Tentacles of squid are loaded with hundreds of suction cups, or suckers, and each sucker has a ring of razor-sharp “teeth.” The protein present in the teeth will some day form the basis for a new generation of material for reconstructive surgery… Read more

 

19,000 protein producing genes in humans, finds new study

In a new research, scientists have found the number of protein generating genes in humans to be 19,000 – 1,700 fewer than the most recent annotation and well below the initial estimations of 100,000 genes… Read more

 

New laser technology to identify chemical hazards

A portable laser device is being developed at Heriot-Watt that can instantly identify chemical hazards, increasing the safety of emergency services and military personnel… Read more

 

 

 

 

 

Chemical properties – Scandium symbol, electronic configuration, density


Scandium is a transition metal. It was discovered in 1879 by spectral analysis, of the minerals euxenite and gadolinite from Scandinavia. The main application of scandium by weight is in aluminium-scandium alloys for minor aerospace industry components. Some items of sports equipment, which rely on high performance materials, have been made with scandium-aluminium alloys. It is also used to make high-intensity discharge lamps.

Chemical Properties.

Appearance Silvery White Solid
Atomic Number 21
Atomic Weight 44.955 g/mol
Block d
Boiling Point 2836 °C
CAS Number 7440-20-2
Class 4.1
Crystal Structure Hexagonal
Density 2.985 g/cm3
EINECS Number 231-129-2
Electron Configuration 1s2 2s2 2p6 3s2 3p6 3d1 4s2
Group 3
Ionization Energy 633.1 KJ/mol
Melting Point 1541 °C
Oxidation State 3,2,1
PG 2
Period 4
Solubility Insoluble
Symbol Sc

Scandium producers/suppliers – http://www.worldofchemicals.com/chemicals/manufacturers/fl/scandium.html

Latest chemistry research news


Imaging flow of nanofluids

Nanofluids, fluids containing nanometer-sized particles, do not always behave as our experiences with the macro-world might lead us to expect. Water, for example, seems to flow much faster within carbon nanotubes than classical physics says should be possible. Now, researchers have found a way to directly image nanofluids… Read more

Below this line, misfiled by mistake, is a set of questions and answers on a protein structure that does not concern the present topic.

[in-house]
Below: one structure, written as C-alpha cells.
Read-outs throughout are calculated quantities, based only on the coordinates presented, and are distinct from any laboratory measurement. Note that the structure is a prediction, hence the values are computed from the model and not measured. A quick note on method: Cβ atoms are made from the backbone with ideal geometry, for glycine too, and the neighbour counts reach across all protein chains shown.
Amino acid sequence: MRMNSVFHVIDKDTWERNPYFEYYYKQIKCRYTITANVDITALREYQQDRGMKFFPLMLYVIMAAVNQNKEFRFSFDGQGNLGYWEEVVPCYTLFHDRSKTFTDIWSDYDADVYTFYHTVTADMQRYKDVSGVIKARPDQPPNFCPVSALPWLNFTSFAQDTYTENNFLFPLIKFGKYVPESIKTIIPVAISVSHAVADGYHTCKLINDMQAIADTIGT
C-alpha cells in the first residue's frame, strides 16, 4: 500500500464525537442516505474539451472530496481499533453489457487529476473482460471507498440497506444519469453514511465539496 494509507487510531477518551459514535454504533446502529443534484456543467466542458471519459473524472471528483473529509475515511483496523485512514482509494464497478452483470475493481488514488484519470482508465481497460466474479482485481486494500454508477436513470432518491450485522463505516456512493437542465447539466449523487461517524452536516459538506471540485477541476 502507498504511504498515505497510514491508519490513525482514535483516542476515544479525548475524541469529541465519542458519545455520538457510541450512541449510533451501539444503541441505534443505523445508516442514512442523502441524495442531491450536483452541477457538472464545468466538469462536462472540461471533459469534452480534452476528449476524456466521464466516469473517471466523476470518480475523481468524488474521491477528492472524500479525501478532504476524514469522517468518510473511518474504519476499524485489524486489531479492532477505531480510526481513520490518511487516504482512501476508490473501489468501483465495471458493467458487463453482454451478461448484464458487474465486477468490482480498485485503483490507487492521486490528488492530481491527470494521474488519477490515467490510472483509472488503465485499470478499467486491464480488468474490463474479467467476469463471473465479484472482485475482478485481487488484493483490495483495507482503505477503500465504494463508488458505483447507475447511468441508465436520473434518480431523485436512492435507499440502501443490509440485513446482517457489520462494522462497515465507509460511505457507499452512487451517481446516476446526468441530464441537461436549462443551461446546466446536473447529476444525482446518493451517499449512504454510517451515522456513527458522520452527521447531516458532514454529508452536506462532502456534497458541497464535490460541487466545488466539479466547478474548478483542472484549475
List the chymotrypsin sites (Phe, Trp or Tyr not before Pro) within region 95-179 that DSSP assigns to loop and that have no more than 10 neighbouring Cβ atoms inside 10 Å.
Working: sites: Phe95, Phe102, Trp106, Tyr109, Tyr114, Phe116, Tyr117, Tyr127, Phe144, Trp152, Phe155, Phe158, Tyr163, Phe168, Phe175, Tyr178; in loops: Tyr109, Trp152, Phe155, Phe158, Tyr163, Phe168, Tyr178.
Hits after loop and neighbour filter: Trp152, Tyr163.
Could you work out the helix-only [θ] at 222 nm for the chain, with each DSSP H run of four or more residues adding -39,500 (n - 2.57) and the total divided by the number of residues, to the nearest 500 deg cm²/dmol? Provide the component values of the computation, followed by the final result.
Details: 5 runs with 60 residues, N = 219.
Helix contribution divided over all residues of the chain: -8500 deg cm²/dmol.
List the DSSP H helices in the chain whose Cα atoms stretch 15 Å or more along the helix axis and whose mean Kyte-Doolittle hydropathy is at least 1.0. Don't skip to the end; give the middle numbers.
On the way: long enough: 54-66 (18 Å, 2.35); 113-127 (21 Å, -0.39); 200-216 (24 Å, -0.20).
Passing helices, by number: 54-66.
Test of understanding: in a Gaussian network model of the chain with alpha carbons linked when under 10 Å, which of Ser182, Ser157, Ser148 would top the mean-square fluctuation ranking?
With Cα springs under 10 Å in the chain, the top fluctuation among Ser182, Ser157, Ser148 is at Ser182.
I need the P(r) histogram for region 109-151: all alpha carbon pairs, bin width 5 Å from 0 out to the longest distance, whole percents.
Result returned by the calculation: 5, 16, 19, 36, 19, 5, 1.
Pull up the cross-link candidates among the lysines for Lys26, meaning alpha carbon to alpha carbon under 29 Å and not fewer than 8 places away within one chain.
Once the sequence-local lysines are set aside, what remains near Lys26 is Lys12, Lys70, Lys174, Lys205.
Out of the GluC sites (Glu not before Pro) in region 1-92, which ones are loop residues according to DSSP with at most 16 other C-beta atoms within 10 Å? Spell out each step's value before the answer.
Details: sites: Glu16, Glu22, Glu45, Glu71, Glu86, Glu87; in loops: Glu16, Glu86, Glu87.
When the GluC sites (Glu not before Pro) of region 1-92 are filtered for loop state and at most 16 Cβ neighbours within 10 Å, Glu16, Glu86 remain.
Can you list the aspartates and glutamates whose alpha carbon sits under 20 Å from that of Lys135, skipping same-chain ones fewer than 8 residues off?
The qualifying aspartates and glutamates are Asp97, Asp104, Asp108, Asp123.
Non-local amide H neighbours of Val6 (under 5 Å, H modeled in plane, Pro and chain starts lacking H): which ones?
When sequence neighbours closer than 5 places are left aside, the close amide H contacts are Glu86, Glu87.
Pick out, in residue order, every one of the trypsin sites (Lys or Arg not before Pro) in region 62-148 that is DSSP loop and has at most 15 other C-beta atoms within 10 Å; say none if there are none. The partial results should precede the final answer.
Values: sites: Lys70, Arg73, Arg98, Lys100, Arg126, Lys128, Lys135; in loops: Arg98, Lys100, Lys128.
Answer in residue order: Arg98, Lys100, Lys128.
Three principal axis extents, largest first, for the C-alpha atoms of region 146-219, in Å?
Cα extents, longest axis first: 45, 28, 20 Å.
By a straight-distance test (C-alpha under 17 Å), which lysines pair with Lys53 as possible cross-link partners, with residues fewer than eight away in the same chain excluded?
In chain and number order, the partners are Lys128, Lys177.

Researchers develop magnetically controlled liquid crystals

Chemists at the University of California, Riverside have constructed liquid crystals with optical properties that can be instantly and reversibly controlled by an external magnetic field. The research paves the way for novel display applications relying on the instantaneous and contactless nature of magnetic manipulation… Read more

 

Water cleaning catalyst converts biodiesel waste into useful chemicals

Michael Wong, Chemical Engineer, Rice University found evidences that palladium-gold nanoparticles are excellent catalysts for cleaning polluted water, but even he was surprised at how well the particles converted biodiesel waste into valuable chemicals… Read more

 

New ‘supercooling’ technique to preserve organs for longer

Scientists have developed a new supercooling technique to increase the amount of time human organs could remain viable outside the body. According to researchers, if it succeeds in humans, it would enable a worldwide allocation of donor organs, saving more lives and allow for more time to prepare the patient and ease logistics at the donor hospital site… Read more

 

New material helps faster healing of wounds

As many patients know, treating wounds has become far more sophisticated than sewing stitches and applying gauze, but dressings still have shortcomings. Now scientists are reporting the next step in the evolution of wound treatment with a material that leads to faster healing than existing commercial dressings and prevents potentially harmful bacteria from sticking… Read more

 

Food scientists block bitter tastes in foods

Food scientists are working to block, mask and/or distract from bitter tastes in foods to make them more palatable to consumers, many of whom are genetically sensitive to bitter tastes… Read more